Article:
The term “GMO” typically refers to crops or animals that, through genetic engineering, have had a gene (or a few genes) from a different species inserted into their genome. So yes, by design, to improve a crop or animal with genetic engineering, the genome of the new, GE variety has been changed by the addition of new genes(s).
Your question also asks about whether inserting the new gene(s) will “…activate genes…” Some traits in GE crops, like drought tolerance, involve inserting a gene that, again by design, enable the plant to thrive when water is limited. For more information on GE crops like drought tolerant corn, check out the DroughtGard® product page and Innovations webpage on Monsanto.com. But for most GE crops, the gene introduced (e.g., to help protect the plant from insects or herbicide damage) does not affect any other genes in the plant. For a database of GM crop approvals, please review the Center for Environmental Risk Assessment (CERA) website.
All GE crops undergo an extensive molecular characterization to eliminate any plants in which the inserted gene(s) have disrupted other genes in the genome. A recent publication that gives more details on the plant selection practices used for GE crops is Glenn et al, 2017. And more detailed descriptions of methods used to make GE crops have been previous posted to GMOA and can be found here and here.
Your question suggests, however, that you are under the impression that genetically engineered organisms (which you call GMOs) have more possible genomic changes than would otherwise be possible. Methodologies such as southern blotting and whole genome sequencing have revealed that genetic engineering results in relatively modest changes compared to the other ways in which humans have been modifying the genome of plants and animals over the past many millennia for our benefit (such as for agriculture). Virtually all of the sources of food in our diets are from “genetically modified” organisms,” where this term more broadly refers to any plant or animal that has undergone human-mediated breeding and domestication for our benefit. Genetic engineering is a recently developed technology that adds a new method of modifying plants for human benefit. Ancient farmers “modified” plants when they developed crops, like wheat, rice, potatoes and maize. For example, wheat was created by humans breeding three different species that, if left to nature, would not have cross-bred. Fortunately, these farmers figured out how to make wheat since we enjoy the many tasty products from wheat, like French bread and Italian pasta.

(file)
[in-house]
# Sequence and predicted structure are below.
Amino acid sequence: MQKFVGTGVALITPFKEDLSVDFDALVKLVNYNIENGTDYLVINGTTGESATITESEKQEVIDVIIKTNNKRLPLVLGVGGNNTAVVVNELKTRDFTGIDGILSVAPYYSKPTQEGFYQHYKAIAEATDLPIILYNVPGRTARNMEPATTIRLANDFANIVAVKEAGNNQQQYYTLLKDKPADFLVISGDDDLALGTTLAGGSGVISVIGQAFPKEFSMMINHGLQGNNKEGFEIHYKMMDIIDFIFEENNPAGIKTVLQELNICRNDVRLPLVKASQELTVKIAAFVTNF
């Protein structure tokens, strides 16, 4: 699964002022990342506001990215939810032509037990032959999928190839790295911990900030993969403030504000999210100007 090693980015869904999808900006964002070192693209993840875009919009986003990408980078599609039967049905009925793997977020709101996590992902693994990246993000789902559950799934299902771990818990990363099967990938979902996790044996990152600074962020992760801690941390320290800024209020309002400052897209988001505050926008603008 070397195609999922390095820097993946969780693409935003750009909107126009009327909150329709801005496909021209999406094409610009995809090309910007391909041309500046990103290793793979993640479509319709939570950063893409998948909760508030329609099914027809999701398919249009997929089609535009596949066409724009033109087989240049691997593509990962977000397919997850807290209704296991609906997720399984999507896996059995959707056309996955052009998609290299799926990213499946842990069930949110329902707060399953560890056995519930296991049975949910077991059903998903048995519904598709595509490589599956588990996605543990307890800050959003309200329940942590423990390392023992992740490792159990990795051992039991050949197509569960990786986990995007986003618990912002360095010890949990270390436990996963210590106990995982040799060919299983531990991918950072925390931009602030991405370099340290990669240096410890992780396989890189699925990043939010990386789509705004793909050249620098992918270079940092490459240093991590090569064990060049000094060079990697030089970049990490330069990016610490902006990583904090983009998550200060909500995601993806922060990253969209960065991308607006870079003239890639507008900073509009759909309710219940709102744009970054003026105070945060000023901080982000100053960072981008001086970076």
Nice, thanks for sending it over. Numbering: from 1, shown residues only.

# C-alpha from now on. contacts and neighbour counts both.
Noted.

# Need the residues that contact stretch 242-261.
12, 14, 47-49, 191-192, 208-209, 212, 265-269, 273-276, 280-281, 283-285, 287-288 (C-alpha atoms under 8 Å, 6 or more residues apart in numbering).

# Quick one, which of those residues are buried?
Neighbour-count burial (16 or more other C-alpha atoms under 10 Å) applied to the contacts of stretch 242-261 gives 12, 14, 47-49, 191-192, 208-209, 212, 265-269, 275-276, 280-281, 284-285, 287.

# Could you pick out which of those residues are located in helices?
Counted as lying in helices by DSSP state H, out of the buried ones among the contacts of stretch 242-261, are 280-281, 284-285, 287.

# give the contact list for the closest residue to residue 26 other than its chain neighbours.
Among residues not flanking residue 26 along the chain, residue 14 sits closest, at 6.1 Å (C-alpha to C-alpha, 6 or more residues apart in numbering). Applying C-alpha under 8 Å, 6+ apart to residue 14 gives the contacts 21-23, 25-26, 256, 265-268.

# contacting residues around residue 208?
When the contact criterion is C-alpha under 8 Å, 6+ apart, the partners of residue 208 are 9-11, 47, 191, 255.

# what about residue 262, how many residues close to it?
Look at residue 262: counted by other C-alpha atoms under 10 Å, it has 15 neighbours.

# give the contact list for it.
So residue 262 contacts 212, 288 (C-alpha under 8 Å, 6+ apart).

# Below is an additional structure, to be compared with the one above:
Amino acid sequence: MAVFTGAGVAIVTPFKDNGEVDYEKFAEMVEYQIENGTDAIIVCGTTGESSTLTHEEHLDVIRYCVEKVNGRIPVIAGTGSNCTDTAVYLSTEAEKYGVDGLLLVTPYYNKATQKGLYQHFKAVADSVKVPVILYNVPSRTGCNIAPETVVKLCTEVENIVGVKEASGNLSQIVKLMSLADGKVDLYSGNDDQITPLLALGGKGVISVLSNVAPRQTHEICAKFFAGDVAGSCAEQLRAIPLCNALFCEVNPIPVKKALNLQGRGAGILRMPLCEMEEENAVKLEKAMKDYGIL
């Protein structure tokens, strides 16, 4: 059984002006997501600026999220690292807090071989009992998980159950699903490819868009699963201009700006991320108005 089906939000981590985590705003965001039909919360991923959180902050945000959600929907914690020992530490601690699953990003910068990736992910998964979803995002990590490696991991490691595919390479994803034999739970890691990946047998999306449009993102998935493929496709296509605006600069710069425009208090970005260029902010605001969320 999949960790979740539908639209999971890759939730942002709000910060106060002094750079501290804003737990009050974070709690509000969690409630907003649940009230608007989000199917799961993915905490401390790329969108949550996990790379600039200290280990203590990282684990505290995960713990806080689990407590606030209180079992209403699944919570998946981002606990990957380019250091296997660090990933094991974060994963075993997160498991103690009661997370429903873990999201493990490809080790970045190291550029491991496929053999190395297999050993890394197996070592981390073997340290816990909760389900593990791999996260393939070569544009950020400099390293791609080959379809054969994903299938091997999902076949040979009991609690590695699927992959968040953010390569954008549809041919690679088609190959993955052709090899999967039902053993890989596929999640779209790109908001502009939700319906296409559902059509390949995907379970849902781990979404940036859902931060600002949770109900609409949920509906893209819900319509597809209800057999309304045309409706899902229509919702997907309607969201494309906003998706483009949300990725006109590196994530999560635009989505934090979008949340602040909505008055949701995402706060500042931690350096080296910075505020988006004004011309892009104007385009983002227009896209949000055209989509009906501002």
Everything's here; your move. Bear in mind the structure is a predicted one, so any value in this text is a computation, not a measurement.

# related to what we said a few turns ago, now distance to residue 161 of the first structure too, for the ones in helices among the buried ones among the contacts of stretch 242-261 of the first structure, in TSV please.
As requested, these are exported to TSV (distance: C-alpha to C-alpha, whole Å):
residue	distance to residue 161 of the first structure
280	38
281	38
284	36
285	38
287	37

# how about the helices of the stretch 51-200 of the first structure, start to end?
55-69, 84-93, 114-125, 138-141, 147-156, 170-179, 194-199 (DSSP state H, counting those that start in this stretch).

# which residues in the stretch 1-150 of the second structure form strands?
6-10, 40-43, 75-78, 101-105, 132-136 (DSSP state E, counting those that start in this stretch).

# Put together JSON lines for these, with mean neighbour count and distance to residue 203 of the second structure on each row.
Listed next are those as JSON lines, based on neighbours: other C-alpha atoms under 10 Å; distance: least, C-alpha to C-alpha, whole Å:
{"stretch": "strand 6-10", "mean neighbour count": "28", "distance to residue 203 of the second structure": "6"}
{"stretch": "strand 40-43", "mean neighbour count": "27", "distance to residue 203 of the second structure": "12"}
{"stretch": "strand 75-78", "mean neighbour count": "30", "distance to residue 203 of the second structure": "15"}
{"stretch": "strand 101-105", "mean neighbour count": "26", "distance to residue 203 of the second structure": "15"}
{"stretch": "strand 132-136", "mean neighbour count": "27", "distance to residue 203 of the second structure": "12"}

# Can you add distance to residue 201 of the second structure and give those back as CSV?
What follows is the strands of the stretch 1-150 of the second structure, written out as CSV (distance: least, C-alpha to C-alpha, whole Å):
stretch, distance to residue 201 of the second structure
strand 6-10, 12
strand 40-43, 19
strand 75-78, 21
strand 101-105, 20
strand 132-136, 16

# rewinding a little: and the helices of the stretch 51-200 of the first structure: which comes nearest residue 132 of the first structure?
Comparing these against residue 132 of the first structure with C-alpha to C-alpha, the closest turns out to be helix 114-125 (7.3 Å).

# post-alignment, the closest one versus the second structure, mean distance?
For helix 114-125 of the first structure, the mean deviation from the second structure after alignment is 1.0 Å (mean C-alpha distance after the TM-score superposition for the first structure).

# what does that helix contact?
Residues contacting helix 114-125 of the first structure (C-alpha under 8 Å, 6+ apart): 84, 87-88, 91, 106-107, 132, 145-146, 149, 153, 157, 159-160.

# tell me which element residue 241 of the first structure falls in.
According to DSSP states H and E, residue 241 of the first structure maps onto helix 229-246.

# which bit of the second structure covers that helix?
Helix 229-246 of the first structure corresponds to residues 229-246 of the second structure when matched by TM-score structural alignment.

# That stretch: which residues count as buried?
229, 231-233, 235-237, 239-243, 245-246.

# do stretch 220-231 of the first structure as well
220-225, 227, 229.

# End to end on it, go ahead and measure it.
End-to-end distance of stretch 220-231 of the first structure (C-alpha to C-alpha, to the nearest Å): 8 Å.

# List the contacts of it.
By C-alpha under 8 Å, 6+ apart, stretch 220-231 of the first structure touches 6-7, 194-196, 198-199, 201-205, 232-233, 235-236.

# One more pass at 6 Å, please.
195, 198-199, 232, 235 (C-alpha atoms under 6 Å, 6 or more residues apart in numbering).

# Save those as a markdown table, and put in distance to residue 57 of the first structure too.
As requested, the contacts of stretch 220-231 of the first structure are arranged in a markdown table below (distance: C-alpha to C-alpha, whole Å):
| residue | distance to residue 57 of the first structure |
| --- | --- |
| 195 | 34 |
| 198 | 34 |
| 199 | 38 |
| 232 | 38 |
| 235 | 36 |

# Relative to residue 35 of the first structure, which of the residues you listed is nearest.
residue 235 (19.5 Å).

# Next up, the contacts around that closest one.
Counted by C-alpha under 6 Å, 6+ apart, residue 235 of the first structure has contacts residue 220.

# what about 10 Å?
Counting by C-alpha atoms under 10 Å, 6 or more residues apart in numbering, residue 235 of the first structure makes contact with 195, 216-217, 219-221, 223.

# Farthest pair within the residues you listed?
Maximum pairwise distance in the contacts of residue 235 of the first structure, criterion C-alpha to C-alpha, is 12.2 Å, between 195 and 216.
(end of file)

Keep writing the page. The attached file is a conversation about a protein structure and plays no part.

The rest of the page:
Genome sequencing has also shown that conventional breeding can significantly affect the genome of plants. One example is the recent discovery that over 1,800 genes in grapes used for certain types of wine (Pinot Noir, Corvina, Tannat) are not even found in other wine grapes here is a recent publication on this topic. By comparison, GE varieties of maize have only one (or at most a handful) of new genes, out of the ~32,000 genes in the maize genome. To provide context for the ratio of one gene in 32,000, this is similar to a half teaspoon of liquid added to a full bathtub of water – not much. Mother Nature, not to be outdone by humans, is also a rich source of “genetically modified organisms.” For example, long before plant scientists discovered that the soil bacterium, Agrobacterium, can be used to insert genes into plants (the main method to make GE crops), natural processes had already resulted in genes from Agrobacterium being inserted into plants, like sweet potatoes. You can read more in this publication Kyndt et al, 2015.
To summarize, plant and animal genomes are constantly undergoing changes that activate, inactivate, insert or delete genes. Humans have used this genomic diversity to domesticate many plants and animals for food production. The genomic changes in GE crops (aka GMOs) pale by comparison to the extensive genomic changes that farmers have, and continue, to make through conventional breeding practices, or that Mother Nature uses to generate the wide diversity of life on earth.